4. Think before you speak. This is different from Number 3 above because it goes back to the source, the very beginning, the choice that Zimmer made before she stated her case and went public. This is ultimate power positioning at play. In the beginning, before anything is said publicly, ask several important questions: “What am I going to say?” “Why am I saying it?” “What are the consequences of saying this?” “Am I fully prepared to face the national media?”

The entire story is still unfolding and will continue to do so for weeks and months to come. Whenever breaking news happens, turn on the national televised media, sit back, observe what’s happening, take a few notes and ask, “How would I handle this?” Observe and learn.

How Do People Introduce You?

WordBalloonsWhen was the last time you listened – really listened – to the way people introduce you to others? If you haven’t, then it’s time for you to pay attention. When you see yourself through other people’s eyes, you just may discover something new.

What words to people use to describe you? How do they differentiate you from other persons? Part of my signature style is my favorite perfume, Tea Rose, a light floral fragrance that smells like – you guessed it – fresh roses. Imagine my surprise when one of my colleagues introduced me to a friend of hers by saying, “Christine always smells like flowers.” In truth, if I had to smell like something, a flower is it.

Listen for the word always. People will usually say something like, “Carol is always entertaining us with her hilarious stories” or “Bob is always the life of the party” or “John is always traveling to such interesting places” or “Pat is always reading such interesting books.” There are things about you that even you may not see or hear. Listen to the words that people use to describe you and rediscover your unique personal style.

Discipline Delivers A Voice

Viking Opera SingerOne year ago this month, I began this new journey called blogging. Prior to that, the word only was captured as an item on my rather large to do list. What brought it to life was discipline. Each week, I have written on a topic that is relevant to today’s professional. I’m still at it today.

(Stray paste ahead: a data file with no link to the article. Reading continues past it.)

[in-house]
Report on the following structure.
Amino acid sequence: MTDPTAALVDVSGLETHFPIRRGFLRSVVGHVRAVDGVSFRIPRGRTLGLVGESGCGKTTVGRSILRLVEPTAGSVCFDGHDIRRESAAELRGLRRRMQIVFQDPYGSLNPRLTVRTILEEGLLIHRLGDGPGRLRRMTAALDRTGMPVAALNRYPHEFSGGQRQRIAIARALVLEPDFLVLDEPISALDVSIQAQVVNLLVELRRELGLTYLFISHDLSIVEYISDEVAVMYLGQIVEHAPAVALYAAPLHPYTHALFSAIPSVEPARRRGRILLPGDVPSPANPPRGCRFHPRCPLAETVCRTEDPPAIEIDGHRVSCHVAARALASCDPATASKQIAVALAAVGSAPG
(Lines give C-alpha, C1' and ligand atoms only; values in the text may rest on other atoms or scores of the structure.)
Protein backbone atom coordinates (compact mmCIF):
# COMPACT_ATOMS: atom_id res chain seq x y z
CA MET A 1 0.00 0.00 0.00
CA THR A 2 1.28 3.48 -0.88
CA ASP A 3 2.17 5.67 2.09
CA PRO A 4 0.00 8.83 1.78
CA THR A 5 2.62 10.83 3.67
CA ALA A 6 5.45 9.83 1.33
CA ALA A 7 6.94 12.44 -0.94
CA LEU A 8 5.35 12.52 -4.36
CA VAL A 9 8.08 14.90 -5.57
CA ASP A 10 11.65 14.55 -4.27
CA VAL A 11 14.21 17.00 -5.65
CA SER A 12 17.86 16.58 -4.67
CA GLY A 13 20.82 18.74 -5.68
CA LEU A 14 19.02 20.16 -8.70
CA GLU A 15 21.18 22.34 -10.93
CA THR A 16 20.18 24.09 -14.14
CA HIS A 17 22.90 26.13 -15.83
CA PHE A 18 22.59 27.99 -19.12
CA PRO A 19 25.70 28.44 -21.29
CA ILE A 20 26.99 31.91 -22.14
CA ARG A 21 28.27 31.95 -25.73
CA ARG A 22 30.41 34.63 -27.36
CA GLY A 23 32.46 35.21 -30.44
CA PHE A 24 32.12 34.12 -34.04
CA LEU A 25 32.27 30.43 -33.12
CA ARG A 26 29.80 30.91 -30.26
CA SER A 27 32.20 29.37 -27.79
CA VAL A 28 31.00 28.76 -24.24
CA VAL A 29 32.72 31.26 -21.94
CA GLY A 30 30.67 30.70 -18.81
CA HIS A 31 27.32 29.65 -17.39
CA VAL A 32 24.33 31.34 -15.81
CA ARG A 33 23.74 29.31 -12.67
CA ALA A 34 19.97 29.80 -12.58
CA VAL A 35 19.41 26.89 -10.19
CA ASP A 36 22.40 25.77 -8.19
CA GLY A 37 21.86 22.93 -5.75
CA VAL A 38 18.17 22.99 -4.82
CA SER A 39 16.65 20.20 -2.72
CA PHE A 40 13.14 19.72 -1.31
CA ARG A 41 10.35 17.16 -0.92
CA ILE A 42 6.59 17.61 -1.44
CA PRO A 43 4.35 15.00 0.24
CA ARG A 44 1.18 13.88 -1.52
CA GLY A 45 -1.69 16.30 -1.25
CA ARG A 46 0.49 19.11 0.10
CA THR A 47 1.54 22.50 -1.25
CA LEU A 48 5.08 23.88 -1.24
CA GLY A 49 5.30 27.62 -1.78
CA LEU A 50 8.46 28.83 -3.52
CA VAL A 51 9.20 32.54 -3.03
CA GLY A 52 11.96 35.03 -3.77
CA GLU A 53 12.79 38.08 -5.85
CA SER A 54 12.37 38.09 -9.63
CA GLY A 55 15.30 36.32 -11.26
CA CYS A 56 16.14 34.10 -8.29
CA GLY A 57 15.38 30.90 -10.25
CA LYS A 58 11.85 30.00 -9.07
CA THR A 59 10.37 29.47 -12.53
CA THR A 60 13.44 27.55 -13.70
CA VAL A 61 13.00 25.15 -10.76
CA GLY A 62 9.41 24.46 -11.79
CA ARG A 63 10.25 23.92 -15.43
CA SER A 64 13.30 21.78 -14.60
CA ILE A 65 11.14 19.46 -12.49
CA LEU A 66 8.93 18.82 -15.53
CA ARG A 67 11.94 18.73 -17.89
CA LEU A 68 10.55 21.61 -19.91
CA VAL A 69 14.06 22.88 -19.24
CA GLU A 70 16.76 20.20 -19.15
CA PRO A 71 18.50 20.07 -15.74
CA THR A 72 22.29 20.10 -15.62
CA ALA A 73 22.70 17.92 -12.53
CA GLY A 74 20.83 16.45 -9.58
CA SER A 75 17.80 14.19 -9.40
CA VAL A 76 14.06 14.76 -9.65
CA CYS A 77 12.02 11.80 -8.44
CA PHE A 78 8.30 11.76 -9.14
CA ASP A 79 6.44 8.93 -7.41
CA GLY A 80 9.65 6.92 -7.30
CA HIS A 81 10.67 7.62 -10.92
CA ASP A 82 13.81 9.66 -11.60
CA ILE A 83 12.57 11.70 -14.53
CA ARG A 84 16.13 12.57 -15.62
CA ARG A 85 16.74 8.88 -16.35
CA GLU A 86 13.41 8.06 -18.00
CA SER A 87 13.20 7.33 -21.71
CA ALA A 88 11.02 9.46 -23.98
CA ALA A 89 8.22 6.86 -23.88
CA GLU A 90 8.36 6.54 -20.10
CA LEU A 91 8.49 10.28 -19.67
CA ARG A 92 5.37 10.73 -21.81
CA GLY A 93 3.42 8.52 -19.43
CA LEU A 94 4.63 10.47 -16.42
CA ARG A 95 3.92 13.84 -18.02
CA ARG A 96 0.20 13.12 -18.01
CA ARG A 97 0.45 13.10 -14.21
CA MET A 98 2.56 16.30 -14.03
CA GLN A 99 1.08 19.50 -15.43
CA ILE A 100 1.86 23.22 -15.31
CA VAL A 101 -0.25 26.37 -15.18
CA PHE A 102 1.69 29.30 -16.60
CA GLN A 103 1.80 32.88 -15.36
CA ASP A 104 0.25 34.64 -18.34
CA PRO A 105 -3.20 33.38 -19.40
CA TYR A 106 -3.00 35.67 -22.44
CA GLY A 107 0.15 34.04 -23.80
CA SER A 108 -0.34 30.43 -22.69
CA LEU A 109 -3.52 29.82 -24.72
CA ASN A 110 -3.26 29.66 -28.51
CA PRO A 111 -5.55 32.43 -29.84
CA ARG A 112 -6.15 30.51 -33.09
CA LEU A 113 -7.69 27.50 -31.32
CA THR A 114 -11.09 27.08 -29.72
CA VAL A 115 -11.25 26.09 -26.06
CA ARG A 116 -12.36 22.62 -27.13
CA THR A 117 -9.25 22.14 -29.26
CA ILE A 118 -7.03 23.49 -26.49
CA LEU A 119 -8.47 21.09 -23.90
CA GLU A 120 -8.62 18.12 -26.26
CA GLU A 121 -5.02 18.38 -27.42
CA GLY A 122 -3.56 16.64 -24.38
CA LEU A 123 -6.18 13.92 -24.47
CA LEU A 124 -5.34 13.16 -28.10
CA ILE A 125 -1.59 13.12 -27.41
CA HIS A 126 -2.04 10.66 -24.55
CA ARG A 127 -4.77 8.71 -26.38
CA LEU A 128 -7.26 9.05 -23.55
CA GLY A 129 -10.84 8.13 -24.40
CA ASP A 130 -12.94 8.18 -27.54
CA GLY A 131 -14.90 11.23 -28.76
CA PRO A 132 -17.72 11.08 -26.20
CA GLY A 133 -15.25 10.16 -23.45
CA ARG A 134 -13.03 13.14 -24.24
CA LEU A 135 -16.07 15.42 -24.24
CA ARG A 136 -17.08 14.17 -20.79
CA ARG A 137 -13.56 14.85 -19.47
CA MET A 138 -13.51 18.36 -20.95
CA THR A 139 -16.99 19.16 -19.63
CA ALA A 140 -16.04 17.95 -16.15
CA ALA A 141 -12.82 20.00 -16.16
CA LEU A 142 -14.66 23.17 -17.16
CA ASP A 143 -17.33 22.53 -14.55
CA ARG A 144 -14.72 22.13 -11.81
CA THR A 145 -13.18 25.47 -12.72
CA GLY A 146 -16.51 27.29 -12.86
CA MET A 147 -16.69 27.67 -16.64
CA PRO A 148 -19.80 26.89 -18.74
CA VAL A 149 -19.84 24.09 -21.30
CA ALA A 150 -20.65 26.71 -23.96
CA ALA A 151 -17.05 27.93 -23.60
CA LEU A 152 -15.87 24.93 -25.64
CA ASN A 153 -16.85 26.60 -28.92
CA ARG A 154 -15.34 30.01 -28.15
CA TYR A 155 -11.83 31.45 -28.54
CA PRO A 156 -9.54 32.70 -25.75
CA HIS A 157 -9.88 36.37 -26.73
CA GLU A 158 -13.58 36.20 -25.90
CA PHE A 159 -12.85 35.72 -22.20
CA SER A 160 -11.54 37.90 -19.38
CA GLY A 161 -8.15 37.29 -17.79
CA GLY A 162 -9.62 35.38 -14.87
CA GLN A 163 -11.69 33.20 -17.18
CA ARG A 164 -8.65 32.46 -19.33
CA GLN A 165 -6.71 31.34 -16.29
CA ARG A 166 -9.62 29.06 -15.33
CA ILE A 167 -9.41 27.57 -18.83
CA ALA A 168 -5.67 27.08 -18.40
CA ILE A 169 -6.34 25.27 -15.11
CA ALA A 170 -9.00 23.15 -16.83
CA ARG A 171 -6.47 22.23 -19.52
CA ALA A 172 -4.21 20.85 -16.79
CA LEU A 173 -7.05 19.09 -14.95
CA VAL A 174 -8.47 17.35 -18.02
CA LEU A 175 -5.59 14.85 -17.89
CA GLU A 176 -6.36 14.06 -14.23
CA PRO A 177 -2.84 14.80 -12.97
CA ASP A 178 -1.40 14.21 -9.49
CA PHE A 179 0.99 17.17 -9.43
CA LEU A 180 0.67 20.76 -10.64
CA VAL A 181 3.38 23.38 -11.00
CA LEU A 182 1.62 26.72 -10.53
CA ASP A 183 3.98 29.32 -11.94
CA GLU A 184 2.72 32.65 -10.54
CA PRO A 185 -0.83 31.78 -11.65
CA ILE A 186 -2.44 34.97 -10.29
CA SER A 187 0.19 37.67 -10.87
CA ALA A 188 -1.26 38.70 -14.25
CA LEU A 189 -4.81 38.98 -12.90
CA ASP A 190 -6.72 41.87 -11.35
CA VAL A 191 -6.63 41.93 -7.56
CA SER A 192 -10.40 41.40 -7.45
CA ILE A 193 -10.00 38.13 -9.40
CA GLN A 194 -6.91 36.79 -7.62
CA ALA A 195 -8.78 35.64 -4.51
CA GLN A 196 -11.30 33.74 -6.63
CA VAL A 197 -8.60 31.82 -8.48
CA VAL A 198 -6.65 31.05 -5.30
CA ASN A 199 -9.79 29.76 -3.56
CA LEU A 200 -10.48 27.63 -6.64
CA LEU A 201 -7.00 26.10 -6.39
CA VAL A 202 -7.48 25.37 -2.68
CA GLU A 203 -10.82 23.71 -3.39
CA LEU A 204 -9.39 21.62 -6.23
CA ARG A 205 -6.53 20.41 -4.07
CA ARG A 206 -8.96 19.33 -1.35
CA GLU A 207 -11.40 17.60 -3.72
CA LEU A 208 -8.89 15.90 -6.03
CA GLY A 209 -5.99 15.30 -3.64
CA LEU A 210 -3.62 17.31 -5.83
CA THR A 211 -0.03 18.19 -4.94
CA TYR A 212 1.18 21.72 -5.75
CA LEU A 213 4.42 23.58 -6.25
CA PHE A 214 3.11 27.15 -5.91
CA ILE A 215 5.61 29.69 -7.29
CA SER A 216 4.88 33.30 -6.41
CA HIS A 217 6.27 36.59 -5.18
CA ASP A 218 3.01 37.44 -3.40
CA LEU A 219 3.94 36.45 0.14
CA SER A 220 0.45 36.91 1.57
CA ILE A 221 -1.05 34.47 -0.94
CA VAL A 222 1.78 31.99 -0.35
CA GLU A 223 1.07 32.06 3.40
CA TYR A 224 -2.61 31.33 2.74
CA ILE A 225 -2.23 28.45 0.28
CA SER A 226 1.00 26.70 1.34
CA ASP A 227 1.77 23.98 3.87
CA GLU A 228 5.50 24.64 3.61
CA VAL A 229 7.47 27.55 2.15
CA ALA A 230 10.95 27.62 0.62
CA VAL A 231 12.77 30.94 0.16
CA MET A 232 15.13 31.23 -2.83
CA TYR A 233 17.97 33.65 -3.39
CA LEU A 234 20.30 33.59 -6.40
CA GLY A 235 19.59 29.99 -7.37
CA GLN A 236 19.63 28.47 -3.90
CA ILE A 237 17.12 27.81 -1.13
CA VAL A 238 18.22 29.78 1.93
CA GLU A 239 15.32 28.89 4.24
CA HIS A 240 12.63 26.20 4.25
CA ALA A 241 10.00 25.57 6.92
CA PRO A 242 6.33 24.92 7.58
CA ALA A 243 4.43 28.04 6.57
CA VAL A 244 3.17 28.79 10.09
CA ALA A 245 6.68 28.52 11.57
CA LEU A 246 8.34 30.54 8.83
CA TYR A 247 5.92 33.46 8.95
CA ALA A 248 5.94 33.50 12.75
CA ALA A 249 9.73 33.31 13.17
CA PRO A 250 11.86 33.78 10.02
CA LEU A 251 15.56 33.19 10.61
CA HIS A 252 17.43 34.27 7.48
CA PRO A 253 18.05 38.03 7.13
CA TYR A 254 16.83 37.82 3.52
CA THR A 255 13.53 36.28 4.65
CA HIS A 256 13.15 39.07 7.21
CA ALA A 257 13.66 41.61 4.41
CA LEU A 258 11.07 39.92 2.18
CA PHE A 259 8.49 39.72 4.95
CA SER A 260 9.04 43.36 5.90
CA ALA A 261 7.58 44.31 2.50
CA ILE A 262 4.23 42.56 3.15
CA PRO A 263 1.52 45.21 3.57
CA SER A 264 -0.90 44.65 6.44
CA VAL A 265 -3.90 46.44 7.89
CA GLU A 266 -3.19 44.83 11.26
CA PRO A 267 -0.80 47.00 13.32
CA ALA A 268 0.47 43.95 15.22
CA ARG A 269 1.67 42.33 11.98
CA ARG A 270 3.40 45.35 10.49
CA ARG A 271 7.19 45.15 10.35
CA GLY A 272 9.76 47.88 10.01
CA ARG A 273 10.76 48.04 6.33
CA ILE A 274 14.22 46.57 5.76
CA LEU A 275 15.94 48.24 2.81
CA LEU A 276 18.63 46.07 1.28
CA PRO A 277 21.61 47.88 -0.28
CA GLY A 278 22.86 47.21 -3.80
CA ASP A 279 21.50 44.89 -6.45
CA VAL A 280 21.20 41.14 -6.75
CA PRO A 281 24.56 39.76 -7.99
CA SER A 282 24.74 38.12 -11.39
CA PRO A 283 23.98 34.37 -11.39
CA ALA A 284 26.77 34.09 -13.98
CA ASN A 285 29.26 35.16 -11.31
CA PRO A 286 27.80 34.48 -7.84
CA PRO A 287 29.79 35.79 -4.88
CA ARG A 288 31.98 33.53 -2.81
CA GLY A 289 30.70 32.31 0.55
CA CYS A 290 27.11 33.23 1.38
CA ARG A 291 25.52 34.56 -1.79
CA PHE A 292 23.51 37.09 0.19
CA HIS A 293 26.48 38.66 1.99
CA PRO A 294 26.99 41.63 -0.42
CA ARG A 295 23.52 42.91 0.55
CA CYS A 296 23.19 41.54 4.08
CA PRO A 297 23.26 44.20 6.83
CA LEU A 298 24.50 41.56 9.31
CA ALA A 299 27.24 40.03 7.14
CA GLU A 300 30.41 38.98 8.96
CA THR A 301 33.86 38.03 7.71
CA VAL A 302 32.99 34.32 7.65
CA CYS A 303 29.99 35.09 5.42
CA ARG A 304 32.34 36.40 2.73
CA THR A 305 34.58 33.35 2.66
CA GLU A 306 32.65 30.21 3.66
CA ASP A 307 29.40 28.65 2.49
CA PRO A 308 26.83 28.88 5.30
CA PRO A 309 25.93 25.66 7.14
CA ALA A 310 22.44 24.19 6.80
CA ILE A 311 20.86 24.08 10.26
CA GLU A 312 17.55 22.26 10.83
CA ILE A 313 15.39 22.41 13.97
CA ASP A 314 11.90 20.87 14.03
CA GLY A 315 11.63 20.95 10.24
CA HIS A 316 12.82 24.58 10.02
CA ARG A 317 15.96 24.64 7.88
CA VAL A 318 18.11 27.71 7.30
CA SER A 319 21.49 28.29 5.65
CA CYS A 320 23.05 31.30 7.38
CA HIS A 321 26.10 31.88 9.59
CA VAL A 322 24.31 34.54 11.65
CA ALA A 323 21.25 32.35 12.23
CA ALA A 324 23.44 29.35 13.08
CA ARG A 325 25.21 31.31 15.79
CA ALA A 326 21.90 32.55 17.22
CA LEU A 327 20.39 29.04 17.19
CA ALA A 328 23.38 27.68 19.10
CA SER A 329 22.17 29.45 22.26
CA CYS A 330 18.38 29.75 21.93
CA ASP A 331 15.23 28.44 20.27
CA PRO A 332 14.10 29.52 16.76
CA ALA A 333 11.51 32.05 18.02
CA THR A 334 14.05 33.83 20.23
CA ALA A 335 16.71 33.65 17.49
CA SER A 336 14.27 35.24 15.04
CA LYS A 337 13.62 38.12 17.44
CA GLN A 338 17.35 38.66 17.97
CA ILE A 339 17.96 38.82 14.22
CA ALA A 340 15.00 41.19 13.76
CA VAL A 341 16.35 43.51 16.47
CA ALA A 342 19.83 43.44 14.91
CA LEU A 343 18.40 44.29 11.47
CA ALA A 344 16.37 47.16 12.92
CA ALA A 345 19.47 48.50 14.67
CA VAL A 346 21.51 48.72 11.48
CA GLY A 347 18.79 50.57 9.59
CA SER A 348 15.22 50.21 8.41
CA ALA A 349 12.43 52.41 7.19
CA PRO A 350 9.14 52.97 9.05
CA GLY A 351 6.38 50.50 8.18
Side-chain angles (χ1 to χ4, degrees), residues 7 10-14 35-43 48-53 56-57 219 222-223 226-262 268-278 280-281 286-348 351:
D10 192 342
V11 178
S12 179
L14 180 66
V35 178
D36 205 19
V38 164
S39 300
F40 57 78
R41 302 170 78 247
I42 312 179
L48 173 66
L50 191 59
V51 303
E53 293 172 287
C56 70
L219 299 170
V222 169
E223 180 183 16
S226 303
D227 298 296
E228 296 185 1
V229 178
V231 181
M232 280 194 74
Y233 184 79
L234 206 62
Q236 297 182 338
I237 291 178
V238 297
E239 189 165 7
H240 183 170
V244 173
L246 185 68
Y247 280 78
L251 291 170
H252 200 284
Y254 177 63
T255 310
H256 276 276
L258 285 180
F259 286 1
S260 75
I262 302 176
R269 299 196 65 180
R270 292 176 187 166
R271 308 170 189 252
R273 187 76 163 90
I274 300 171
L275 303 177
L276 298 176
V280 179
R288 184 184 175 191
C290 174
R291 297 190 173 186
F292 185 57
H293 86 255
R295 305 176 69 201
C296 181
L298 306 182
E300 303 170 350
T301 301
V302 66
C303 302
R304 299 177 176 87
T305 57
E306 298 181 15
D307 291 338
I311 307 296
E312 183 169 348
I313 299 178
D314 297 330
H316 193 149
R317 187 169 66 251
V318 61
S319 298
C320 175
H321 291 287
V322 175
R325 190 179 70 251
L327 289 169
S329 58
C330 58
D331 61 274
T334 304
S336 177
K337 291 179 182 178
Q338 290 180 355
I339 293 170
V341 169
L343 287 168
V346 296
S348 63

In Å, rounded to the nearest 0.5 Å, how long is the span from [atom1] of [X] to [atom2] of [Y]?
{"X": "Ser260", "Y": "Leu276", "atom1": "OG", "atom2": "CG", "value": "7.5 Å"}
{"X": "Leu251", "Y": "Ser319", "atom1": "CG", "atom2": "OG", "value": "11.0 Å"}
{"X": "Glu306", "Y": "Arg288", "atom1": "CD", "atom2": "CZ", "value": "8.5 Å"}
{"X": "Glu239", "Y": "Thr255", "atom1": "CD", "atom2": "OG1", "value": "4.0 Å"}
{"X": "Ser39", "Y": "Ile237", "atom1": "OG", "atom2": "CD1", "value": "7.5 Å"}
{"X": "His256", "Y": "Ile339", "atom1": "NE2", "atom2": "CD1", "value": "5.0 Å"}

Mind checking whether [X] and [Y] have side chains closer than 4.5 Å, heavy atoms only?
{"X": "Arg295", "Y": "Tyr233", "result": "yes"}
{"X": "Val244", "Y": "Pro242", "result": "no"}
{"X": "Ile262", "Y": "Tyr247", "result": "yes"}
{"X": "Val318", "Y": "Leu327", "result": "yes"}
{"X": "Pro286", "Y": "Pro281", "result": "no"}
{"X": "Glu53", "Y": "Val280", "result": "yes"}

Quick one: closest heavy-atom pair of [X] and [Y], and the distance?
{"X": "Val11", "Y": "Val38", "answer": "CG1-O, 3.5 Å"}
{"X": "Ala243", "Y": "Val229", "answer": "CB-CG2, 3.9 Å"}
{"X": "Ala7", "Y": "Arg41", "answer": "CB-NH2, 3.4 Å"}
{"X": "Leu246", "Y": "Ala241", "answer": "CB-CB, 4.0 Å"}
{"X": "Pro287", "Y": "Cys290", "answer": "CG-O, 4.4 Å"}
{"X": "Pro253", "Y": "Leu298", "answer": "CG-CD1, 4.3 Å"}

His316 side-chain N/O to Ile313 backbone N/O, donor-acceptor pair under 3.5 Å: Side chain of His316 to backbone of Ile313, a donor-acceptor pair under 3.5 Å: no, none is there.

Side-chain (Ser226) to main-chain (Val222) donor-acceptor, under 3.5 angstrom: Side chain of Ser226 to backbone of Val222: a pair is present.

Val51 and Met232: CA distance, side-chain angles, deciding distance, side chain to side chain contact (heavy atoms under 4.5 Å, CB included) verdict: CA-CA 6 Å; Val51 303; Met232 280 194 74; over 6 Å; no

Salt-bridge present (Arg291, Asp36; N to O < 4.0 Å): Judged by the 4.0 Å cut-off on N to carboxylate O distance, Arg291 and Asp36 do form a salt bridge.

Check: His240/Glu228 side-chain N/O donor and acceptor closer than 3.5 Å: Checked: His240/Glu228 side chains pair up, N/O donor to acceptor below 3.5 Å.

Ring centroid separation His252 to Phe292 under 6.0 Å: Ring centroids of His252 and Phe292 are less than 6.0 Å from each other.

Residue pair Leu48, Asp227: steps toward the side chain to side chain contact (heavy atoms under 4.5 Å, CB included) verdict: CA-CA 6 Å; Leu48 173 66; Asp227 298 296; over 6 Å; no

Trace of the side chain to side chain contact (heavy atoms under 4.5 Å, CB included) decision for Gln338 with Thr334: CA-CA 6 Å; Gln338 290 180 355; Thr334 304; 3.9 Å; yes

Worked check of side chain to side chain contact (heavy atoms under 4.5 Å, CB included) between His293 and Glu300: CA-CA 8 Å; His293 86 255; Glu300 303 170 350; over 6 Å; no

Before I began the process, I engaged in a healthy debate with myself, asking questions like, “What are you going to say?” or “What do you have to say that’s different from everyone else?” The answer: Plenty.

During a conversation with my husband a few years ago, he asked the really big question: “What do you really want to do with your life?” I revealed a deep desire by responding, “I want my voice to be heard.” I didn’t know at that time exactly what those words meant. I also didn’t know that blogging would be a way for me to share my voice with the world.

We all have a voice inside of us that wants to be heard. A voice that is different from everyone else’s. A voice that is unique only to us. Our own voice. When we share our voice, we speak from the heart. Our voice can allow others to see our perspective, understand how we feel or open up the conversation. Our voice can be soft and gentle or loud and clear. Our voice can advocate for others or set ourselves free. Our voice can create positive change.

You have a voice. What is it that your voice wants to say? If you were to share your voice, what positive change could occur?

Image by Strauss/Curtis/CORBIS

Is Humility Hip?

UnknownWith the recent announcement that Pope Francis was honored by Time Magazine as its Person of the Year, it begs the question, Is humility hip?

I doubt that the average person today ponders the meaning of the word humility much, let alone embraces its virtues. Society is more likely to reward materialism, greed, vanity and pride. How refreshing to know that there are still some people in the world today who not only value humility…they live it. The pontiff’s practicing humility demonstrates his concern for the greater good rather than living the good life himself.

Humility is defined as: The state or quality of being humble. Humble is defined as: Having or showing a consciousness of one’s shortcomings; lowly; unpretentious; to lower in condition or rank; to lower in pride; make modest. (Reference: Webster’s New World Dictionary).

Consider how different the world would be if leaders practiced humility. For one thing, they would admit their flaws, their mistakes, their humanity. They would practice transparent communication and eliminate hidden agendas. They would lead by example. They would think of others first. Rather than tell us how great they are, they would recognize and reward greatness in everyone. As a result, we could come together on common ground and work in the spirit of collaboration and cooperation. It would be like a breath of fresh air.

I, for one, support the notion that humility is hip. It would be grand to live in a world where humility is king (or Pope). It begins with self-reflection and one question: How am I practicing humility in my life?